Julie Talenfeld’s Success Is The Ultimate Example of Perserverance
By Lenore Devore, B.S. Journalism 1984
Julie Talenfeld, B.S. Journalism 1984 and Hall of Fame 2011, is a self-described news junkie, a successful business owner, a mother and a wife. She was living a dream in 2000, tackling the business world with her first husband at her side. They were hitting their stride when tragedy struck, not once, but twice. Despite the tragedies, Talenfeld found the strength to keep going.
Talenfeld always believed she would follow in the footsteps of her father Ben Silver, who worked with Dan Rather and Walter Cronkite for CBS in New York. With him, she attended the 1968 Democratic Convention in Chicago and the 1972 Republican Convention in Miami Beach at a young age.
“I‘ve always been a news junkie,” says Talenfeld. “I watch news 24/7. My friends all know it.”
Her love for journalism led her to the University of Florida College of Journalism and Communications, where she learned about politics, discovering how to cover the news and writing about seemingly mundane issues like proposed changes to the Alachua County land-use plan.
“I love the fact that as a student you were able to work for the news talk radio station and be a news reporter for a public TV station,” she said. “It was a great experience.”
Dr. David Hosley taught radio and broadcast news at that time, and it was for his class she did a project on the Alachua land-use plan. “You had to produce it, record it and then use reel-to-reel and stitch it together. I love news reporting. I was so excited.” Until she got her grade. “I got an A for content and writing and an F for production because I couldn’t slice tape right.”
She learned that things must be perfect. “If it’s not, you’re not getting an A. It was the same regarding spelling; if one word was misspelled, you got an F. Dr. Hosley taught me how to get things right, be careful, be a good proofreader.”
And ABC News foreign correspondent Charles Burke, who brought his real-life experiences covering Latin America into the TV broadcasting classroom, taught her how to be a great reporter, she said. “It was great learning reporting from him.”
But Dr. John Wright, her Telecommunication professor and adviser, and later CJC Dean, was her favorite. “I loved learning from him. He was a terrific adviser. We stayed in touch through the years. Everyone loved this guy. He was a magnet for students.”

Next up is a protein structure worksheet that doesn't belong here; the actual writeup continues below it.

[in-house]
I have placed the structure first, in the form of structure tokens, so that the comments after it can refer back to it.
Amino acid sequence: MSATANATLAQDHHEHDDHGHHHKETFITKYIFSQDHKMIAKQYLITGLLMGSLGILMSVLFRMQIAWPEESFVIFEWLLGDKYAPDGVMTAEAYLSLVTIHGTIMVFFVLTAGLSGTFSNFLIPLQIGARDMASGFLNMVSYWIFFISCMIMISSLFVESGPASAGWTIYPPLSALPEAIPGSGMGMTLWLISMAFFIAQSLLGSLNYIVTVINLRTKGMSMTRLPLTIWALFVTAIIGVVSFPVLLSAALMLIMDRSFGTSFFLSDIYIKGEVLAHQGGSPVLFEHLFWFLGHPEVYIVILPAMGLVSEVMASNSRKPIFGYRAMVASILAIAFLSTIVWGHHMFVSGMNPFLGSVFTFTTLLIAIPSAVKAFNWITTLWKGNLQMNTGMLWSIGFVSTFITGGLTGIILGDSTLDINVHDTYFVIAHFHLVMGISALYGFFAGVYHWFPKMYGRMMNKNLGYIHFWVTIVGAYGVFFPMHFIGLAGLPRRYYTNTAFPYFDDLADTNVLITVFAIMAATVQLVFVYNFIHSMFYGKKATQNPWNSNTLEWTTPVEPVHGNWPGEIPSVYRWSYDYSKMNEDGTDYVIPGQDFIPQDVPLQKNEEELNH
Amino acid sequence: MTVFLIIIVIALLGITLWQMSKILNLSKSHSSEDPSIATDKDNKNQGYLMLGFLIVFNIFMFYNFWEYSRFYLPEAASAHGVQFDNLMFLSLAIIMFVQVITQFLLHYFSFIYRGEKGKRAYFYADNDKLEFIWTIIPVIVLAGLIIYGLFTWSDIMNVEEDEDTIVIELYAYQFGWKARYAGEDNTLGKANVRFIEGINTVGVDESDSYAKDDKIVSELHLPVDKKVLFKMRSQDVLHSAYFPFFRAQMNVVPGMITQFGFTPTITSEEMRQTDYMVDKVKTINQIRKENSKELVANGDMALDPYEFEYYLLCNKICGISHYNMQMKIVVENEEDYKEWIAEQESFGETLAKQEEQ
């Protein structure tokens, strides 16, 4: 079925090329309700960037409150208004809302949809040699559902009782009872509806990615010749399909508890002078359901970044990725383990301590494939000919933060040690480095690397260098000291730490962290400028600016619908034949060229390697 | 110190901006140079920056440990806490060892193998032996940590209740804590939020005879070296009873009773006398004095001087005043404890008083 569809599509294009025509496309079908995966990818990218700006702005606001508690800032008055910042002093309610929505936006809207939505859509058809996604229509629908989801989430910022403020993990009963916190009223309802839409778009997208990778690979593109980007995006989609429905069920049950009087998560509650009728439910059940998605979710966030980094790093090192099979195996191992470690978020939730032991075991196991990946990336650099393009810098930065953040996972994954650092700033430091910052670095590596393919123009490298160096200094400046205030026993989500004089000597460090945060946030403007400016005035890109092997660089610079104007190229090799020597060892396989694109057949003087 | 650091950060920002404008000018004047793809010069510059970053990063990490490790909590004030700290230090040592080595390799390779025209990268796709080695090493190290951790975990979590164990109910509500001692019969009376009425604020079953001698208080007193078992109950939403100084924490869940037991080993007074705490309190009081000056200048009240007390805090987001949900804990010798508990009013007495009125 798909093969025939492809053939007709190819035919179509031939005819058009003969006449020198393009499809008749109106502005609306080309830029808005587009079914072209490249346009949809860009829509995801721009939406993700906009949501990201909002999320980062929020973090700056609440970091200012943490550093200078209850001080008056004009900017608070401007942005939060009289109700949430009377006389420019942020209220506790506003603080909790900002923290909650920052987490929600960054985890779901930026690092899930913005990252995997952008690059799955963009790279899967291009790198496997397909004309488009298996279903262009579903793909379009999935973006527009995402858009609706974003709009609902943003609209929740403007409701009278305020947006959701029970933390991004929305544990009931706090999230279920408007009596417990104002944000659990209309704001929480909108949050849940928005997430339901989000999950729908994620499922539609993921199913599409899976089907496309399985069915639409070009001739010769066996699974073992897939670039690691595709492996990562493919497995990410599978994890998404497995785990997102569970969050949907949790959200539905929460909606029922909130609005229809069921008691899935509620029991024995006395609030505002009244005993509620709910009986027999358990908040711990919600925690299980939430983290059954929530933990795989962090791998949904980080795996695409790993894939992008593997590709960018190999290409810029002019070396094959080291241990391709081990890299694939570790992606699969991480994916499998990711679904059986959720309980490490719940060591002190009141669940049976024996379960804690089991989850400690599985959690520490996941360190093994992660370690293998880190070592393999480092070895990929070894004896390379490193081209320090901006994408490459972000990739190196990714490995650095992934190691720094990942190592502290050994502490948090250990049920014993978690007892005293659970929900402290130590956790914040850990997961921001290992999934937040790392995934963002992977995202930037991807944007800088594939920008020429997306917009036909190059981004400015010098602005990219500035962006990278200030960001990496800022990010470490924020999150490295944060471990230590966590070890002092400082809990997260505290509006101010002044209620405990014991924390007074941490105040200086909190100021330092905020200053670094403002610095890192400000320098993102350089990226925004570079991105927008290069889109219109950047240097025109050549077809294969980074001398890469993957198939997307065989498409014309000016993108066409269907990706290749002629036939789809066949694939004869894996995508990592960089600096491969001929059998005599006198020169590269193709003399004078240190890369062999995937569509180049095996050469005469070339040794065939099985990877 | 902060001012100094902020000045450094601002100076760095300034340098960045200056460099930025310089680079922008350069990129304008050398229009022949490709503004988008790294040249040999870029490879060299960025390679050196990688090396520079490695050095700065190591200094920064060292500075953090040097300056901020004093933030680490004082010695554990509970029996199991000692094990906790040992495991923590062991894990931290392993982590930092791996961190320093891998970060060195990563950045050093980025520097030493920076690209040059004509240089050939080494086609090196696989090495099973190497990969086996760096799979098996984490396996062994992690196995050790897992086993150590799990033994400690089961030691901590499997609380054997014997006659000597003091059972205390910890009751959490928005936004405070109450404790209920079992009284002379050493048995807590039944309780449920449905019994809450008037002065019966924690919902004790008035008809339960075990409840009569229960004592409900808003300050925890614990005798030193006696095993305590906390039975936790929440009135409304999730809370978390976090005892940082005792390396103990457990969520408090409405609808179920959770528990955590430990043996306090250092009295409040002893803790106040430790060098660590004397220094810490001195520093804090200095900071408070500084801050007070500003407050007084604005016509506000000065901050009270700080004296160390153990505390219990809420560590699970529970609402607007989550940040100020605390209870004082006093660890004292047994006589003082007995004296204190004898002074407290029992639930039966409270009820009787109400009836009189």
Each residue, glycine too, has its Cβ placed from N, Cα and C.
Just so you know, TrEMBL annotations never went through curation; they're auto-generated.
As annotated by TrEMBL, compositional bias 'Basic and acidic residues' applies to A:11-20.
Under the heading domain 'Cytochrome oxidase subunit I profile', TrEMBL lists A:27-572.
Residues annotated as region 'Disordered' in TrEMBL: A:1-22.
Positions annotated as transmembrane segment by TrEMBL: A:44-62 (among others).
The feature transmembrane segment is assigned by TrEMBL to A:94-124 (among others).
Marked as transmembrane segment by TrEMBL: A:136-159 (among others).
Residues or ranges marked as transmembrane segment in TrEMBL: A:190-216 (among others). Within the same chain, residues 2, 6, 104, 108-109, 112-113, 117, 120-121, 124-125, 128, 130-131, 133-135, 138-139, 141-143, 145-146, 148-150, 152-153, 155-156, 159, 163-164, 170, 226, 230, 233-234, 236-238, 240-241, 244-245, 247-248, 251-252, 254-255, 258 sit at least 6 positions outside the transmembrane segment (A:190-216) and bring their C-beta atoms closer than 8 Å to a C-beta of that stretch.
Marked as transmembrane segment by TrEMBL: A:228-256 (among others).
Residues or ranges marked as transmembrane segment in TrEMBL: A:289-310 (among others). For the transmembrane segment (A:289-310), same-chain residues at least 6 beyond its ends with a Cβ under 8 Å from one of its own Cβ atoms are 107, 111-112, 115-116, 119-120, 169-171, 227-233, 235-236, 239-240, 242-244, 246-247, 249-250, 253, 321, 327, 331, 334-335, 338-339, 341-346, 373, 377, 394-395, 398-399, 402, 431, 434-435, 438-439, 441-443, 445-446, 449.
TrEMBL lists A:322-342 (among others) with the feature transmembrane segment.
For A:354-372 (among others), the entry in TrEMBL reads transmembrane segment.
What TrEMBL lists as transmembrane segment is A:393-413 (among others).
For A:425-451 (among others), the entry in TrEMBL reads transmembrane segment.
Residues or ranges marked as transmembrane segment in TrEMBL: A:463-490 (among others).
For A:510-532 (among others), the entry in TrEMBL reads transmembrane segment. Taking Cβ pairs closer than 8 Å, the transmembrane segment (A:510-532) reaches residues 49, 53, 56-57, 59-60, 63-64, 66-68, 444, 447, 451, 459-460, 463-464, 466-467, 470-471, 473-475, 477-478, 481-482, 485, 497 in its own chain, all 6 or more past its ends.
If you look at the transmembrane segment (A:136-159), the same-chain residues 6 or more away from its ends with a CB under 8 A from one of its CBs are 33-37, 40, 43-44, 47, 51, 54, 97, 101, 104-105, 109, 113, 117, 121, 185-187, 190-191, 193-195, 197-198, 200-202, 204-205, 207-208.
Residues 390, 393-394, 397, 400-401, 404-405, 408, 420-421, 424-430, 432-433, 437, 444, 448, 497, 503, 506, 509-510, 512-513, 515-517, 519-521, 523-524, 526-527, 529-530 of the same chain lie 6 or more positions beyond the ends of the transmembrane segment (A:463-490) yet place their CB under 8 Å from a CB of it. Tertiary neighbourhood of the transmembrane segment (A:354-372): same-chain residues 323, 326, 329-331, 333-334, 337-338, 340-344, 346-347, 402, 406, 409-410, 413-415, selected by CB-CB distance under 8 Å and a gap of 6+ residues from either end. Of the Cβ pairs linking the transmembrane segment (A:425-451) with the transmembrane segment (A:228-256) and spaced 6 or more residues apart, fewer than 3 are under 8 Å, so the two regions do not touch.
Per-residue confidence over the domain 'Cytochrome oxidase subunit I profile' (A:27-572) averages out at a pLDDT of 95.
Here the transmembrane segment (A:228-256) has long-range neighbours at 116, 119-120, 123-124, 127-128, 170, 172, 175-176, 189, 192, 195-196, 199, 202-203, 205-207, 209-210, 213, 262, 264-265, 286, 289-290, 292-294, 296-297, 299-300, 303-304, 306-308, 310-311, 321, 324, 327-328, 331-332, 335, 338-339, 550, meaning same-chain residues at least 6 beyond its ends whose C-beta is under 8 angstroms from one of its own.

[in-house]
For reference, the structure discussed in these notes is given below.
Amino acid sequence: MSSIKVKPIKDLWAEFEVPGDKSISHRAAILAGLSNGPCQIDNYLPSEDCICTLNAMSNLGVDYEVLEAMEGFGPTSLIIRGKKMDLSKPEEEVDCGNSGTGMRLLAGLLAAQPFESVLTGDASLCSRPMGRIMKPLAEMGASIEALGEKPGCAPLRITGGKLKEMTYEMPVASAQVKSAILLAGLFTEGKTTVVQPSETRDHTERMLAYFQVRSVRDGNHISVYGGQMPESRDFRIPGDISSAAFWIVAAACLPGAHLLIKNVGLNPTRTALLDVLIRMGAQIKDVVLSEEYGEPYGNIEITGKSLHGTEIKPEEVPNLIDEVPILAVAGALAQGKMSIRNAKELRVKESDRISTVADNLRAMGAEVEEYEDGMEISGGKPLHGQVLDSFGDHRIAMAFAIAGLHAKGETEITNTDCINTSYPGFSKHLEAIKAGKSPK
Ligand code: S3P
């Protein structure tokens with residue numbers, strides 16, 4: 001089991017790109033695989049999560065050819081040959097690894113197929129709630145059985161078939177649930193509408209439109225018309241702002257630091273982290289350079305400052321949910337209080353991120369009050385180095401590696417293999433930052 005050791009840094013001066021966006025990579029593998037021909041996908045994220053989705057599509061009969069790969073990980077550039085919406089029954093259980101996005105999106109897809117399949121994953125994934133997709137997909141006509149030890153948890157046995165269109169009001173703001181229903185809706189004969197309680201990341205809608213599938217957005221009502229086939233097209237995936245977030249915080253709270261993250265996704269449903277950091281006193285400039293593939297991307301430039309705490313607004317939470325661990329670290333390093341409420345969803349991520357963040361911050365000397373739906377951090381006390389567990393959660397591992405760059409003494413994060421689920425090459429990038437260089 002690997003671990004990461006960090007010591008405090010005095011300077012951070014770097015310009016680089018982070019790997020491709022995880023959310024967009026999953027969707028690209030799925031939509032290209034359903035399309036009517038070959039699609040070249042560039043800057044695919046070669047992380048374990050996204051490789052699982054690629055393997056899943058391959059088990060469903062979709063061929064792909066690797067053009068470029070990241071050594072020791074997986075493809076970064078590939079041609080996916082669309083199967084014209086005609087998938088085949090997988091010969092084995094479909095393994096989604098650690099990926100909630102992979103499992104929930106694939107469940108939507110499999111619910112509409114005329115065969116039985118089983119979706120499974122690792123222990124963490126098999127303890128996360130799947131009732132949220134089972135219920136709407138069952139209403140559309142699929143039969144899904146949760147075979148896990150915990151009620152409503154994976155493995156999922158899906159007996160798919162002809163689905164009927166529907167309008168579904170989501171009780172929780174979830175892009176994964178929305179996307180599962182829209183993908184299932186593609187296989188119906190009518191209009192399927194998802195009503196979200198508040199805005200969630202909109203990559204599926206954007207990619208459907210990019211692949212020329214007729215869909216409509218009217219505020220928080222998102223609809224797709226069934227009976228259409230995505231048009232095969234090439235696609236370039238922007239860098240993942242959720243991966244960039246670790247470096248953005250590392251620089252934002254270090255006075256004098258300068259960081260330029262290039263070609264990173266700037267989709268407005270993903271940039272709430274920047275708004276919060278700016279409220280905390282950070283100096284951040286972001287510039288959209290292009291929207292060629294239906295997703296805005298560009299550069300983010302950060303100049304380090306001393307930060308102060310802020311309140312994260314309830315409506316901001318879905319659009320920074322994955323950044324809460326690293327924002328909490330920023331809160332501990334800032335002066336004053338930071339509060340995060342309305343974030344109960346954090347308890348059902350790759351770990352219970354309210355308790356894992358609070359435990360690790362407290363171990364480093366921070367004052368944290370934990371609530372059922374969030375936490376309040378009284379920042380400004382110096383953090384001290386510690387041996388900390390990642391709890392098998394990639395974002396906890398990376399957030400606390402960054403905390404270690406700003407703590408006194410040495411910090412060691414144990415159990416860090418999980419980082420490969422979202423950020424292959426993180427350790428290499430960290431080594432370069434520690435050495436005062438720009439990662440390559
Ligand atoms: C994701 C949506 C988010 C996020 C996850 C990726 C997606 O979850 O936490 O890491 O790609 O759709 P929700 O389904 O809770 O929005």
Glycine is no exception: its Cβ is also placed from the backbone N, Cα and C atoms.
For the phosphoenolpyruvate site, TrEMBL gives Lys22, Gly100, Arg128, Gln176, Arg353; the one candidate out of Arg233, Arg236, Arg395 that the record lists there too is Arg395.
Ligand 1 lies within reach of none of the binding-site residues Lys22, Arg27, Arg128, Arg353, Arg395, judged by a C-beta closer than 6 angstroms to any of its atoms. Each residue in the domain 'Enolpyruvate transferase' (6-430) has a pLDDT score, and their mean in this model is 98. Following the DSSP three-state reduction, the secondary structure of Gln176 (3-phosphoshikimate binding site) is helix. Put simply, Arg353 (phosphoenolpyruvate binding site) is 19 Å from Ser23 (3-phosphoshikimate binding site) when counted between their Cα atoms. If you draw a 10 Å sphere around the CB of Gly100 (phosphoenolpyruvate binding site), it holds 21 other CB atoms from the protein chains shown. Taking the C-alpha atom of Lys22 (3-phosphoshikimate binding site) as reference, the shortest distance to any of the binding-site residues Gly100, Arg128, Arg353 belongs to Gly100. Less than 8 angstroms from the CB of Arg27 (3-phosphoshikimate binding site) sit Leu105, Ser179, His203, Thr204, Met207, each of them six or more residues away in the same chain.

While at CJC, she interned at Channel 4 in Miami, and then, in her final year at UF in 1984, at CNN in Washington, D.C., where she worked as an assignment editor during the day and for the program “Crossfire” in the evening. “That was so cool. I loved it.”
CNN hired her, but they wanted her to be a writer. “I couldn’t live in Georgetown or D.C. for $12 an hour,” she said. She returned to her childhood home in South Florida where attended broadcasting conventions and met people. But she couldn’t find what she was looking for until she started working for a news talk radio station in Miami, covering everything from Cuban refugees to murders in the middle of the night — all from her news car.
She went on to produce a business radio show for a stock brokerage firm and became the head of their public relations division until the stock market crash in 1987. While at a Consumer Electronics Show in Las Vegas, she found out the brokerage firm was filing for bankruptcy. But they made her a deal: She could take the firm’s public relations division if she changed the name.
At 25 years old, “I took a situation that was adverse and turned it around,” she said about starting BoardroomPR, based in Ft. Lauderdale, Florida, which now has offices in six locations. “It was all me at first; it was terrific. We did $3 million in revenue last year and we have 18 employees, including myself.” Those employees include eight Gators who she loves working with, including classmate Todd Templin, B.S. Public Relations 1984, who serves as her executive vice president and recently was named an equity partner.
In 2013, she was named one of the “Top 25 Most Influential Businesswomen in South Florida” by the South Florida Business Journal.
Talenfeld was married to Terry Zobel, an executive for a national asset based lending firm and the chief financial officer for BoardroomPR. They had two young children, Jonathan and Jacqueline.
At age 38, Terry had a stroke. “It was devastating for us and our two kids. He was my partner. He was by my side.” As he started to recover, so did their life together. “We were on top of the world with a very successful company being built up bigger and bigger.”
But more tragedy would follow. As Zobel returned from a scuba diving excursion on their new boat — Terry’s Jules — he was thrown off into murky waters, his weight belt still on. Rescue efforts were futile.
“I went through terrible grief. For our children, I had to be really strong. Boardroom became my refuge. I would work all day, then go home and do sports and homework with the kids.”
As she put the pieces of her life back together again, she met Howard Talenfeld, one of the most prominent children’s rights lawyers in Florida. They married within a year. Now, they are a team who hold fundraisers for at-risk populations including foster kids special needs children and for political candidates.
“What’s good is we get to make a difference every day because we are both successful in our businesses,” she said. “We are very fortunate to be able to do these things we do.”
Focusing on charitable causes has given her meaning, such as helping with the new Holocaust Museum in Dania Beach and the Jewish Federation of Broward, among others. At the museum, she delights in seeing the chairman of the board, Father Patrick O’Neil of the Archdiocese of Miami, uniting with a second-generation Holocaust survivor to fight hate.
“There is so much hate out there,” she said. “It’s unbelievable to me. I feel fortunate to give back.”